Saturday, March 26, 2011

Spring is coming!!

Spring is finally beginning to roll into Daegu, with flowers beginning to blossom. There are nowhere near as many as there will be in about a month, but I was quite excited to be able to go for a stroll in the sunshine and shoot some flower photos. Enjoy!





Friday, March 25, 2011

Do you want to live and work in South Korea?

The school in Daegu, South Korea (where I am currently working) is looking to hire two English teachers to start at the end of July 2011 (when my cousin and I leave at the end of our contracts).

The school offers roundtrip airfare, a free apartment (all to yourself, not shared), a salary of two million Korean won per month, and a two million won bonus upon completion of your contract. Workdays are Monday-Friday, 2pm-10pm. You teach roughly 6 classes a day, ranging in length from 25 to 40 to 50 minutes, and students range from first through ninth grade. (Most of my students are in the 5th-7th grade age.)

A potential teacher must be a native English speaker from one of the following countries: US, UK, Canada, Ireland, Australia, or New Zealand. You must have a Bachelor's degree from a four year university (any subject), and be able to pass a FBI (or your country's equivalent) background check, as well as a drug test and an AIDS test. Teaching experience and international experience are preferred, but not required.

Interested? Please email me at!

Tuesday, March 15, 2011

Busan: Aquarium and Haedong Yonggungsa

I’ve been quite fond of Busan ever since my first trip there way back in 2001. Previously, I’d always had a good time on my trips to Busan. I went to Busan this past Sunday… and unfortunately, I didn’t have that great of a time. Let’s just say my trip was frazzling. Nonetheless, despite a stressful day of oversized crowds, obscured photographs, and motion sickness, I did get some decent shots.

My first stop was the Busan Aquarium at Haeundae Beach. I’d been to the aquarium twice before (
read about my 2007 trip here), and thoroughly enjoyed myself both times. Of course, one of those trips was on a weekday, and the other was on a Saturday. As many Korean schools (both public and private) hold classes on Saturday, Sunday is the day for families to do things together. This should have occurred to me before I set off for such a family oriented destination as the aquarium. Ooops. The place was packed with parents and small children, all pushing and shoving and jostling to get closer to the various tanks and exhibits. Meanwhile, I was frustrating myself by trying to figure out the best ISO and other settings for shooting fast moving fish in the extreme low-light of the aquarium… and of course I was inevitably bumped from behind or cut off in front almost every time I depressed the shutter. I swear I got better pictures in there four years and two cameras ago, which is incredibly frustrating. I left after about half an hour.

Busan Aquarium

Busan Aquarium

Busan Aquarium

I’d heard several people talk about the Haedong Yonggung temple – located on the rocky coastline not far from Haeundae Beach – describing it as beautiful, stunning, picturesque. When I’d left Daegu on Sunday morning, I’d thought I might go to Haedong Yonggungsa in the afternoon if I had enough time. After leaving the aquarium feeling thoroughly stressed, I figured what I needed was a peaceful afternoon at a Buddhist temple.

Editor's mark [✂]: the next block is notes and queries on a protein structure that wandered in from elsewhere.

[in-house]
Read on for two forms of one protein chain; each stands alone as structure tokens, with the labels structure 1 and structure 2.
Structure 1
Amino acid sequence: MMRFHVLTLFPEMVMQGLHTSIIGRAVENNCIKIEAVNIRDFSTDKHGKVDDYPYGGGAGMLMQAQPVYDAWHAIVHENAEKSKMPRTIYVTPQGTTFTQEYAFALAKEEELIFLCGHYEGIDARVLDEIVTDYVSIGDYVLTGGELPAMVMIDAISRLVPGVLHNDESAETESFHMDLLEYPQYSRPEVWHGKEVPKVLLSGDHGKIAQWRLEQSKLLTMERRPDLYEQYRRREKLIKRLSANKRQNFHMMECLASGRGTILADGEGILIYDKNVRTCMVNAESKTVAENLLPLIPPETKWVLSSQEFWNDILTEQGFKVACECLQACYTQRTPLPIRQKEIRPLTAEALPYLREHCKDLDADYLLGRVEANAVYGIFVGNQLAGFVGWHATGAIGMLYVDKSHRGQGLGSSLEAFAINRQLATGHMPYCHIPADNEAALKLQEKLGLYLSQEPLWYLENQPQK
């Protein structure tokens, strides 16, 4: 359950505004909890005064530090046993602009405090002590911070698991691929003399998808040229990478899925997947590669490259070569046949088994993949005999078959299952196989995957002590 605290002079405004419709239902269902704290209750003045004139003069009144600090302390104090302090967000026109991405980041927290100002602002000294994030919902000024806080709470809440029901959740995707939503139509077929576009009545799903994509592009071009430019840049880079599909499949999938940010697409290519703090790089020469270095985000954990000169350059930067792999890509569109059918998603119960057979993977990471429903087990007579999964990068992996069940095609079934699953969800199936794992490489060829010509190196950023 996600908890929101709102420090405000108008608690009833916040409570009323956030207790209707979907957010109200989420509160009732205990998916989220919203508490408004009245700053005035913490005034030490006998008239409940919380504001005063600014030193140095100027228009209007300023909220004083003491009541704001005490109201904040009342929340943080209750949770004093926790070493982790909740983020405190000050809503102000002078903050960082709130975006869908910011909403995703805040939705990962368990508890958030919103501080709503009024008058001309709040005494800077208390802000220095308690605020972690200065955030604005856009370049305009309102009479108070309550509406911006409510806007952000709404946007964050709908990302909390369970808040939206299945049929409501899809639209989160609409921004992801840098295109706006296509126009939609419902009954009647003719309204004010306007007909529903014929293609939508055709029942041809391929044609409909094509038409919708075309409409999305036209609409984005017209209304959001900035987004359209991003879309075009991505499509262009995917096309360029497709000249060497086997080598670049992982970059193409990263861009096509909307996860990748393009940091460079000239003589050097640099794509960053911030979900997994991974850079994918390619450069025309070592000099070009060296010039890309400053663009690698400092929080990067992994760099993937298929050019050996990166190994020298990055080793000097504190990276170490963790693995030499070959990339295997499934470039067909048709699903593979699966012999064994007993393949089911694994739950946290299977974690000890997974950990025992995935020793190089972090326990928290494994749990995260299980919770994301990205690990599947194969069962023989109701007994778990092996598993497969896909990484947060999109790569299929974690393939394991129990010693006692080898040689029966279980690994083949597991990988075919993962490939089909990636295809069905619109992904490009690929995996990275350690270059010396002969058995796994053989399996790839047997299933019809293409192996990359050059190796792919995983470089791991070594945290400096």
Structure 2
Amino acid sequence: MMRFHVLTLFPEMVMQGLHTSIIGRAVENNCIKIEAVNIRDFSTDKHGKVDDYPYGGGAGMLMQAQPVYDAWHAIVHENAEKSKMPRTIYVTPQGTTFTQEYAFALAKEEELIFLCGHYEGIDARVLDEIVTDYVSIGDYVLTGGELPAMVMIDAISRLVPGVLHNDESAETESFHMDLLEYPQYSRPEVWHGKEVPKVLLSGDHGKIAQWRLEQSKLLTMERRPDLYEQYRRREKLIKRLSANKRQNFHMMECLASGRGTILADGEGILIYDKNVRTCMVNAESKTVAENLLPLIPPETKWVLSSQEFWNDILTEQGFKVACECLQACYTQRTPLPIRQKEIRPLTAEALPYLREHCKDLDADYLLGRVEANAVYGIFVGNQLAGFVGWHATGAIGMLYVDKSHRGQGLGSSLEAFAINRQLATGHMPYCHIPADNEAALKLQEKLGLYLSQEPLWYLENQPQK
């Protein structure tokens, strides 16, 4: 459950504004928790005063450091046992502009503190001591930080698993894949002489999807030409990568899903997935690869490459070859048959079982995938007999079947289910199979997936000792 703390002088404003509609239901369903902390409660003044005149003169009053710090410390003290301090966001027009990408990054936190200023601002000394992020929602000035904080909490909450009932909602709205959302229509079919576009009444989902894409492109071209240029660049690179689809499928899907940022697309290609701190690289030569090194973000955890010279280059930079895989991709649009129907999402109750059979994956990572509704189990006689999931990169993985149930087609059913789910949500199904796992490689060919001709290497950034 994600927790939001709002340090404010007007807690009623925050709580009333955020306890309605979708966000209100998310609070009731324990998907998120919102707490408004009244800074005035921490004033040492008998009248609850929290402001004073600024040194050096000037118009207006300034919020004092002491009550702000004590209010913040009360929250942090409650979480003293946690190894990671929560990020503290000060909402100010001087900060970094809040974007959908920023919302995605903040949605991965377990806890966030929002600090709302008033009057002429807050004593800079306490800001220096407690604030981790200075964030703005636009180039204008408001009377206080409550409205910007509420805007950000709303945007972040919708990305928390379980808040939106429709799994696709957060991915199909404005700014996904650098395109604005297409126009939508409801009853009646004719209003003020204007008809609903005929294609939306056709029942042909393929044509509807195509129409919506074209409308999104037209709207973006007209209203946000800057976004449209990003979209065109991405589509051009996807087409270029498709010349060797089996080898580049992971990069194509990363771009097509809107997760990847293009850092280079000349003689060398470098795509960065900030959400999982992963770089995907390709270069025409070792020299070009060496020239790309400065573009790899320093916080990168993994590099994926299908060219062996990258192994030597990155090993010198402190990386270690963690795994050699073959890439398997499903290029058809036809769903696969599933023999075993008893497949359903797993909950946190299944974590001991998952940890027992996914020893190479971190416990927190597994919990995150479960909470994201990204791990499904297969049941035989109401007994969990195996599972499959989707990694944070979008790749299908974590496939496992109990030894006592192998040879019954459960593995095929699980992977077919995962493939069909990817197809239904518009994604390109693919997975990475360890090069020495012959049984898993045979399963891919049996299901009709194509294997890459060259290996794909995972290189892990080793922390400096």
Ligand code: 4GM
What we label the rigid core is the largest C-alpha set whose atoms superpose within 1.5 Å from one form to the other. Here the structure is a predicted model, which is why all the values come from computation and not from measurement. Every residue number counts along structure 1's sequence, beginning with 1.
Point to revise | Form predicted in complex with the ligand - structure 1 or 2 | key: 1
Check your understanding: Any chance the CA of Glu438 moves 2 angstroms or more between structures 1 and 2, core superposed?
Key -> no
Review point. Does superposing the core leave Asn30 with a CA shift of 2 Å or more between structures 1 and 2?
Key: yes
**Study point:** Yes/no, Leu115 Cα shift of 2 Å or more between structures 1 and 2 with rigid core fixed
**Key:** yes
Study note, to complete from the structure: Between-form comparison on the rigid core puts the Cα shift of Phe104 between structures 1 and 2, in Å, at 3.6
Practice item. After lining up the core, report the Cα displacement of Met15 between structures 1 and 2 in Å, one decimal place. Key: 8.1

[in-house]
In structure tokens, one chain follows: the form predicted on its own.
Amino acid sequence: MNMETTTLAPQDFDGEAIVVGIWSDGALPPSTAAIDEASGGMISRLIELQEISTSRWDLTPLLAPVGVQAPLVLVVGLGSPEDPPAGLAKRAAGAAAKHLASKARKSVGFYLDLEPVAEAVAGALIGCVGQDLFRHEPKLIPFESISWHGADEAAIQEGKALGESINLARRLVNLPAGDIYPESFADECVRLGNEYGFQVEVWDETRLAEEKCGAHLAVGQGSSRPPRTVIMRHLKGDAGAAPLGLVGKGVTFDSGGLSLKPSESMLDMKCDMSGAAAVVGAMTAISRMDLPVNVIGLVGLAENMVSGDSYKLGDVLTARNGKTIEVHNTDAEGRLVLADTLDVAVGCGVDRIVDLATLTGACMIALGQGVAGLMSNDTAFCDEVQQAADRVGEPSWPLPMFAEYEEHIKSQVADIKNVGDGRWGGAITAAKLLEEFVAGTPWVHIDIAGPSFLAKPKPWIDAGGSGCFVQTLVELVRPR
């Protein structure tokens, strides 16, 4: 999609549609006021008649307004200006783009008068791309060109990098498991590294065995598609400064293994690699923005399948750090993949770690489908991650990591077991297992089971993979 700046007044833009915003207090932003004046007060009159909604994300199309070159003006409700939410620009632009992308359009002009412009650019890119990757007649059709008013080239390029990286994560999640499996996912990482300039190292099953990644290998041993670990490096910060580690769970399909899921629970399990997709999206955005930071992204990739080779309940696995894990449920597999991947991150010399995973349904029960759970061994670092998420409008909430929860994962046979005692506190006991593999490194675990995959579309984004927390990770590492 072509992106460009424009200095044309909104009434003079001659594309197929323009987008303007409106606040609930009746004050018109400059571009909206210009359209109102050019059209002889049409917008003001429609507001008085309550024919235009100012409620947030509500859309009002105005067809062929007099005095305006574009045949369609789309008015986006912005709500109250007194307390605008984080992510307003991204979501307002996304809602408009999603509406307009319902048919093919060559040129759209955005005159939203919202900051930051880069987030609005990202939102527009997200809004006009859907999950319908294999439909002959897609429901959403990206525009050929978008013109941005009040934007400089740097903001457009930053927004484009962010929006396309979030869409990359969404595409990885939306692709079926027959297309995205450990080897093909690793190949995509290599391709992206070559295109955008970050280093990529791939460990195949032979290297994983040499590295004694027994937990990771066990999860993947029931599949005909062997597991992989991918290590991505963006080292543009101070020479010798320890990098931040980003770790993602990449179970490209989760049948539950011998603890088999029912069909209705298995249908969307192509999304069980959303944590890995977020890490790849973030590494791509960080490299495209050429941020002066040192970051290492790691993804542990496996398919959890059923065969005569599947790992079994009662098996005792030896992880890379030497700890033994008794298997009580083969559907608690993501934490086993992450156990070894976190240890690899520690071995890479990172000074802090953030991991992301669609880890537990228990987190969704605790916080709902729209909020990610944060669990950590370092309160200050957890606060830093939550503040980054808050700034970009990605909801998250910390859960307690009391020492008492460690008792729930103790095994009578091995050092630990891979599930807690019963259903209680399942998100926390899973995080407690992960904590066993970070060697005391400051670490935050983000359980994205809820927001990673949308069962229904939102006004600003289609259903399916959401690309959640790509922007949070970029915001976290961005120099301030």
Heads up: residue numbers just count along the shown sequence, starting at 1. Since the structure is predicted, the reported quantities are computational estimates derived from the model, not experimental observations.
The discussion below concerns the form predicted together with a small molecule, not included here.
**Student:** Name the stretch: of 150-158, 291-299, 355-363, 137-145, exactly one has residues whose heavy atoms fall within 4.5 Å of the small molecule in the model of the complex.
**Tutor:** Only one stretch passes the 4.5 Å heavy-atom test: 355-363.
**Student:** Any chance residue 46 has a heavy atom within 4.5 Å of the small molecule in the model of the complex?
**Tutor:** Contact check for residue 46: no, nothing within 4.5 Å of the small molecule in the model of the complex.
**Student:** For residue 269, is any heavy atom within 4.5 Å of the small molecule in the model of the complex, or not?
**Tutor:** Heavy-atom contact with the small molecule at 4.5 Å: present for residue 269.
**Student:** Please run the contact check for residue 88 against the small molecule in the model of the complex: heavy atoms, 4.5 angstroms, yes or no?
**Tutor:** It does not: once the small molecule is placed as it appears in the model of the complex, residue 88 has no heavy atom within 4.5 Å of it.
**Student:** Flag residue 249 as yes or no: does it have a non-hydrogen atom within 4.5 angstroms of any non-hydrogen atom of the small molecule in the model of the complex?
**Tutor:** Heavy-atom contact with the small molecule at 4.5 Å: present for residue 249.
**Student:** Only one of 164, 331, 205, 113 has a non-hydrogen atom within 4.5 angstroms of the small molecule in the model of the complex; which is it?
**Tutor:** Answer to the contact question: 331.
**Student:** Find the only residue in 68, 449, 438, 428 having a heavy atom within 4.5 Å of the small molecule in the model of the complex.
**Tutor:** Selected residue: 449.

Getting from Haeundae to Haedong Yonggungsa was a little complicated, as it involved two different buses. While the bus systems in Korean cities are generally efficient, they’re definitely a challenge to those of us with limited knowledge of Korean. Still, I successfully made it to Haedong Yonggungsa. Unfortunately, so did at least a thousand other people.

I don’t know if Sundays are generally popular days for visiting Haedong Yonggungsa, or if March 13th was a special day for Buddhism in general or Haedong Yonggungsa in particular… but ohmygod. At one point, there was literally a human traffic jam:

Haedong Yonggungsa, Busan

In addition to being overrun with people, the temple was in the midst of either putting up or taking down lanterns. The entire temple was overstrung with ropes upon which lanterns had either recently hung or would soon be hanging. As such, many potentially great angles for photos were blocked by ropes and the poles from which the ropes were strung. I got some decent photographs, but nothing like what I was hoping for. And the crowds! Ugh.

Haedong Yonggungsa, Busan

Haedong Yonggungsa, Busan

Haedong Yonggungsa, Busan
See what I mean about poles and ropes?

The final nail in the day’s coffin came as I left Haedong Yonggungsa. The second of the two buses that I’d taken out there had been full, but it was nothing compared to the bus I left in. It was crammed beyond capacity, filled with so many people that I literally could not move. It was hot. And there was no ventilation. And five minutes into the ride brought us into stop-and-go traffic. As you might expect, I began to feel motion sick. I actually had to force my way off the bus a stop too soon just to keep from puking all over my fellow passengers. I’m sure that at the time they thought I was an incredibly rude foreigner, but they really should thank me for my efforts. Sigh.

I like Busan, really, I do… but the overwhelming crowds of Sunday just made me feel so relieved to get back to my quiet corner of the outskirts of Daegu – and reinforced my desire to move to the Timbuktu of the former Soviet Union. Anyway, despite my bitching, I did get some decent photographs.
You can see the whole set by clicking here.